When you are leaving everything you have on the gym floor you should never walk away feeling like you failed at something. Not finishing a workout within a given time cap is demoralizing, getting a slower time on a benchmark workout is demoralizing. I don't care who you are, no one wants to push their body and at the end feel like you didn't finish. I think by timing workouts it switches the focus from getting the right stimulus to beating the clock. I'm not saying all timing is bad. I'm actually a huge fan of AMRAPs* and EMOMs**.
* AMRAP means "As many reps as possible"
** EMOM means "Every minute on the minute"
Timing workouts leaves no room for scaling back intensity as well. If I complete a given workout in 10 minutes, the next time I do that workout, no matter what shape I'm in, or how I'm feeling mentally, I now want to have a better time. Because a better time means I'm getting fitter right? Well it's actually possible to have a worse time in a workout and still be fitter. Every day can't be your best day and that's alright!
You might be saying, but how can I be sure I'm improving without setting benchmarks. Well I look at this a lot like I look at weight loss goals. Most knowledgeable folks will tell you the worst thing you can do when working towards weight loss is stand on the scale every day. Instead they tell you to take progress pictures and go by how you look in the mirror. Sometimes data can get in the way. I feel the same way about fitness. You'll know you're making progress when you can run logner with your kids, or lift that heavy box up onto a shelf, or when climbing a few sets of stairs no longer leaves you winded. Remember, the goal is improvement in your actual life, not in the gym.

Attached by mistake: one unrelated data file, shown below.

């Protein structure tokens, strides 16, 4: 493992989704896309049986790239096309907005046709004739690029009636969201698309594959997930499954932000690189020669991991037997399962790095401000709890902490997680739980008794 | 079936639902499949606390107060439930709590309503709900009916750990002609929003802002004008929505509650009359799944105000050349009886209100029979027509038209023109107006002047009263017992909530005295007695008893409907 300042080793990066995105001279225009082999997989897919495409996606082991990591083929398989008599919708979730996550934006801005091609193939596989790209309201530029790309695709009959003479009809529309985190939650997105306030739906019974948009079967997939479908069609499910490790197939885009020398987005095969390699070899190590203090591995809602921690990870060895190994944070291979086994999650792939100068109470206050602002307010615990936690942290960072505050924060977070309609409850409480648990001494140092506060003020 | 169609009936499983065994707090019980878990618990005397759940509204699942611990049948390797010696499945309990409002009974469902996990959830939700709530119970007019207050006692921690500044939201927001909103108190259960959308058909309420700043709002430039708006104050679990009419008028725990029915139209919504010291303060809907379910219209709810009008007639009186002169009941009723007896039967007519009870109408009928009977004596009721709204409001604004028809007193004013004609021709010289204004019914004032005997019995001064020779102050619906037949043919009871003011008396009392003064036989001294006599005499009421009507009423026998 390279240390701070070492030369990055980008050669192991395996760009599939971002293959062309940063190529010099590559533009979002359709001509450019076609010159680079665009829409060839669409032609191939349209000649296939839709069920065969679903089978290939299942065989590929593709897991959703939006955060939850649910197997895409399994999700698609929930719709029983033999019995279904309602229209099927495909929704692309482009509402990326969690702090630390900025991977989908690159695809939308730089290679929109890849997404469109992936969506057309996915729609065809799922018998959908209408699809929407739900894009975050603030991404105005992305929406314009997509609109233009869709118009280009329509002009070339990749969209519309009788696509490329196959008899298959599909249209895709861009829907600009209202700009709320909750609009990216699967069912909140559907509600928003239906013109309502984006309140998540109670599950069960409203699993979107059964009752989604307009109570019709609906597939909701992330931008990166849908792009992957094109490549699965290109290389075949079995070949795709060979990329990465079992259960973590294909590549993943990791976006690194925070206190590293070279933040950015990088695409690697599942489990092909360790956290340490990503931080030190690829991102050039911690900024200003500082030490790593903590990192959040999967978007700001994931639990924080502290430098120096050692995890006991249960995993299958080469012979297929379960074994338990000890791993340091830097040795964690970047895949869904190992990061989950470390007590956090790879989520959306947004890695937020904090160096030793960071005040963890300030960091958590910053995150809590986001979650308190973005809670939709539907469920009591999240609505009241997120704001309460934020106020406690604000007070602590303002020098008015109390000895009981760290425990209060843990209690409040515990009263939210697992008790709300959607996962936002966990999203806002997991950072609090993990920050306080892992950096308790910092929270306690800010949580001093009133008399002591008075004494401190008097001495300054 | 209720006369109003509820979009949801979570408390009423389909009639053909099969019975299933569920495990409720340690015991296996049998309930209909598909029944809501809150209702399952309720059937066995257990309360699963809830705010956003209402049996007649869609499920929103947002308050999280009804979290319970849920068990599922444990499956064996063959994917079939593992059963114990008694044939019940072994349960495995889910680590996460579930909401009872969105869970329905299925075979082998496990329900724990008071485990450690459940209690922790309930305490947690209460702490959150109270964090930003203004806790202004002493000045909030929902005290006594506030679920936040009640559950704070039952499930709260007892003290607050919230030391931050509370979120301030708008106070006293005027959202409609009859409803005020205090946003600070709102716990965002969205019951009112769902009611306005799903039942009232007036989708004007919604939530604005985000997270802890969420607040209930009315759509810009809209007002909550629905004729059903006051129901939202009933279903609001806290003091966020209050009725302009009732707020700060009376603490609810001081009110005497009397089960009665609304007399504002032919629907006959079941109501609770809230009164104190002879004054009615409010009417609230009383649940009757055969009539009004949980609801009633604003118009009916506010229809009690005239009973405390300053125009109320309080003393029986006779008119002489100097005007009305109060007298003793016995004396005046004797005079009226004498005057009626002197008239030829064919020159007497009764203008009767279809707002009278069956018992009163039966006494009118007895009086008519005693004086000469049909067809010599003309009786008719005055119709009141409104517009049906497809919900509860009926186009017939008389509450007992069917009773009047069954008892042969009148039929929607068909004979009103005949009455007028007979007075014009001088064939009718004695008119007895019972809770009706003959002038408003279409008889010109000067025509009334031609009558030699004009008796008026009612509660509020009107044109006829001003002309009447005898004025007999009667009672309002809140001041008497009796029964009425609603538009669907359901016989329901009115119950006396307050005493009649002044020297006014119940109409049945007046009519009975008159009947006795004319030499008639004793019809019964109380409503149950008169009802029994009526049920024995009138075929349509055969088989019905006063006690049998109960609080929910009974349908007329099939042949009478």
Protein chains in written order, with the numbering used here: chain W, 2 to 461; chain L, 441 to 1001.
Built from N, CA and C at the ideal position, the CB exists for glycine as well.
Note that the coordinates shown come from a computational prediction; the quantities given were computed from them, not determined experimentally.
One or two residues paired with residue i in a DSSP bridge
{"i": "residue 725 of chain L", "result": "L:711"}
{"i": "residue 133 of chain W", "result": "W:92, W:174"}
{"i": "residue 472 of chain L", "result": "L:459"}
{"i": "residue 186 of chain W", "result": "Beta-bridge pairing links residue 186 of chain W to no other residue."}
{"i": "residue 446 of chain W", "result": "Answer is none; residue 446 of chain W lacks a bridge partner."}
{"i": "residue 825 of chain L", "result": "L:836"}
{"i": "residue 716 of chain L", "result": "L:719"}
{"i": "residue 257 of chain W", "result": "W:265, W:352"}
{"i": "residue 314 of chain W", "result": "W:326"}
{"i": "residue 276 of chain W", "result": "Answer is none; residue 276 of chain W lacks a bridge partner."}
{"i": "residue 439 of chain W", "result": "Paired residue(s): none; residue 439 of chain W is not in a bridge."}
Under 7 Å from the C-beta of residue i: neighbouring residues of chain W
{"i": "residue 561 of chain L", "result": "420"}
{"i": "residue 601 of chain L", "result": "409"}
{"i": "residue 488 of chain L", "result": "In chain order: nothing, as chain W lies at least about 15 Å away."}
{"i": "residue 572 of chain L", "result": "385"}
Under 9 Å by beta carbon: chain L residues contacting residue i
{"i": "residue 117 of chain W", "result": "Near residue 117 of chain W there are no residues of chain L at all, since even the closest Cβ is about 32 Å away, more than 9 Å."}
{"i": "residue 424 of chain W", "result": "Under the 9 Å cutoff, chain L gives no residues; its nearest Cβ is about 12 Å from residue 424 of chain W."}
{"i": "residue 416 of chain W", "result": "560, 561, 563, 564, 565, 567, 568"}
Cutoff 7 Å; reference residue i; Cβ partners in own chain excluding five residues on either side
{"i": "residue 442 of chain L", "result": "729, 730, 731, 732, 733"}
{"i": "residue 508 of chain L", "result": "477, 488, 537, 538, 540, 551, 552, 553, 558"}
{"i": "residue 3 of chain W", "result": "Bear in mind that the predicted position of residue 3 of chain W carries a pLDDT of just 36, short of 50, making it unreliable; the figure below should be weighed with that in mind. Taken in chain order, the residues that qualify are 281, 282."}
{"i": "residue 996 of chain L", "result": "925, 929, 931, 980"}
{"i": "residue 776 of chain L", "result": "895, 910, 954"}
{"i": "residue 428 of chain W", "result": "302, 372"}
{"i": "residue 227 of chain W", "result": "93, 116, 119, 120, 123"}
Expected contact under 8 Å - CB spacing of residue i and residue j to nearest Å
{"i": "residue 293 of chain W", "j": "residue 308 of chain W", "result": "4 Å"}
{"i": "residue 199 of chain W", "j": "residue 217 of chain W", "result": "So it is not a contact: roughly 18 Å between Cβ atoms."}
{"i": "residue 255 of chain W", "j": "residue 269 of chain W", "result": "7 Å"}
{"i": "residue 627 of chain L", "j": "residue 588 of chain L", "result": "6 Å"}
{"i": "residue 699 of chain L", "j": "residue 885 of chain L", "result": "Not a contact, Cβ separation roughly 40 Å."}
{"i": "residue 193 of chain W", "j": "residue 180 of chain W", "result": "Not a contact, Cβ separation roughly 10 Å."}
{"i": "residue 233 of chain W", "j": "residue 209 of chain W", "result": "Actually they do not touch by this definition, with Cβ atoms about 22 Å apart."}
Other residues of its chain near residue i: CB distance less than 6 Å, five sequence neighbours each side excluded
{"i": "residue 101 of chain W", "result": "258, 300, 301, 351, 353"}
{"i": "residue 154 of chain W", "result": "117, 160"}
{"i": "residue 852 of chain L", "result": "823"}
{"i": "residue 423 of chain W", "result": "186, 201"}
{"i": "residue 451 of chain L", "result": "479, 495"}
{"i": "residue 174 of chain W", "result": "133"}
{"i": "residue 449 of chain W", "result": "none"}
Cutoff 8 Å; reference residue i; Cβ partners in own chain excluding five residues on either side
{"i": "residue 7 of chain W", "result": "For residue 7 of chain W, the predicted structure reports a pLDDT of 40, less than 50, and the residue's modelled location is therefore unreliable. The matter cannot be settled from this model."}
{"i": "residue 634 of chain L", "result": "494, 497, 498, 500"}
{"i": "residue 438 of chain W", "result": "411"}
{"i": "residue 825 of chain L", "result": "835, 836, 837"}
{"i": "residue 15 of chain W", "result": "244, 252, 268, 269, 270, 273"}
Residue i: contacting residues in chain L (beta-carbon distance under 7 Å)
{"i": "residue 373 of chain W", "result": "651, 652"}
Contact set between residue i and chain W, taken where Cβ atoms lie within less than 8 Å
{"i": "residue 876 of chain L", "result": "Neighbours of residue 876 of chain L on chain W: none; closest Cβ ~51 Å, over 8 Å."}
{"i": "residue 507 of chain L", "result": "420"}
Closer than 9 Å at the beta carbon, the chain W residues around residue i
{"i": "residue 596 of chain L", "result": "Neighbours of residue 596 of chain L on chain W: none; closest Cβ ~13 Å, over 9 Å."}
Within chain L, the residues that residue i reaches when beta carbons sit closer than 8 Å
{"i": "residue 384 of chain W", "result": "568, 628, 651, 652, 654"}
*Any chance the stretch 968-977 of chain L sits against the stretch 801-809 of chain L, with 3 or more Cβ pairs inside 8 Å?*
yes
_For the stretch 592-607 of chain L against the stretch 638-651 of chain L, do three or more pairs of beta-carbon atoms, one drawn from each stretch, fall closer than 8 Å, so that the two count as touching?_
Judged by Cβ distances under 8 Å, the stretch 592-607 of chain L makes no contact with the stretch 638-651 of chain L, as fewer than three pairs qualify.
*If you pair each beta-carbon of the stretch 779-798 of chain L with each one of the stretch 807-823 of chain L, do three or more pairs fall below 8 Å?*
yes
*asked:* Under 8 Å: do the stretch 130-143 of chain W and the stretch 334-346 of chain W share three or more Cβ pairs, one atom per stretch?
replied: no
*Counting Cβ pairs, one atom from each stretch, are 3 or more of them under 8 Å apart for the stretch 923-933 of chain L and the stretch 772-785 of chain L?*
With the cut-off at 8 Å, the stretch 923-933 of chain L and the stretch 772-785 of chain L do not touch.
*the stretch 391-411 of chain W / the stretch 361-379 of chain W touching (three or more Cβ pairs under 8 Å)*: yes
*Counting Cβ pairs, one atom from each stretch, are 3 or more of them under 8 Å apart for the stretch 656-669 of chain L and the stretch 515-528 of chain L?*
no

As we get older our bodies get tighter. If you have a job where you sit all day or spend a lot of time bent over, the tightness can get really bad. While CrossFit emphisizes the importance of proper form for movements, it does very little to actually help you improve your mobility. In my opinion this should be built into the core of the methodology. Tightness prevents you from being able to access a full range of motion which can lead to injury and prevent you from properly performing a lot of tasks, like reaching overhead or squatting down properly to lift a heavy object.
While CrossFit sets a new precedent for what fitness means, it's goal is often higher reaching than most average people need to be active and prepared for real world situations. Many aspects of the methodology can lead to injury without careful examination and scrutiny, and with a class stucture it can be hard to ensure everyone is doing things safely and properly. I think there is a more practical fitness that can be defined and I plan to experiment with what that looks like.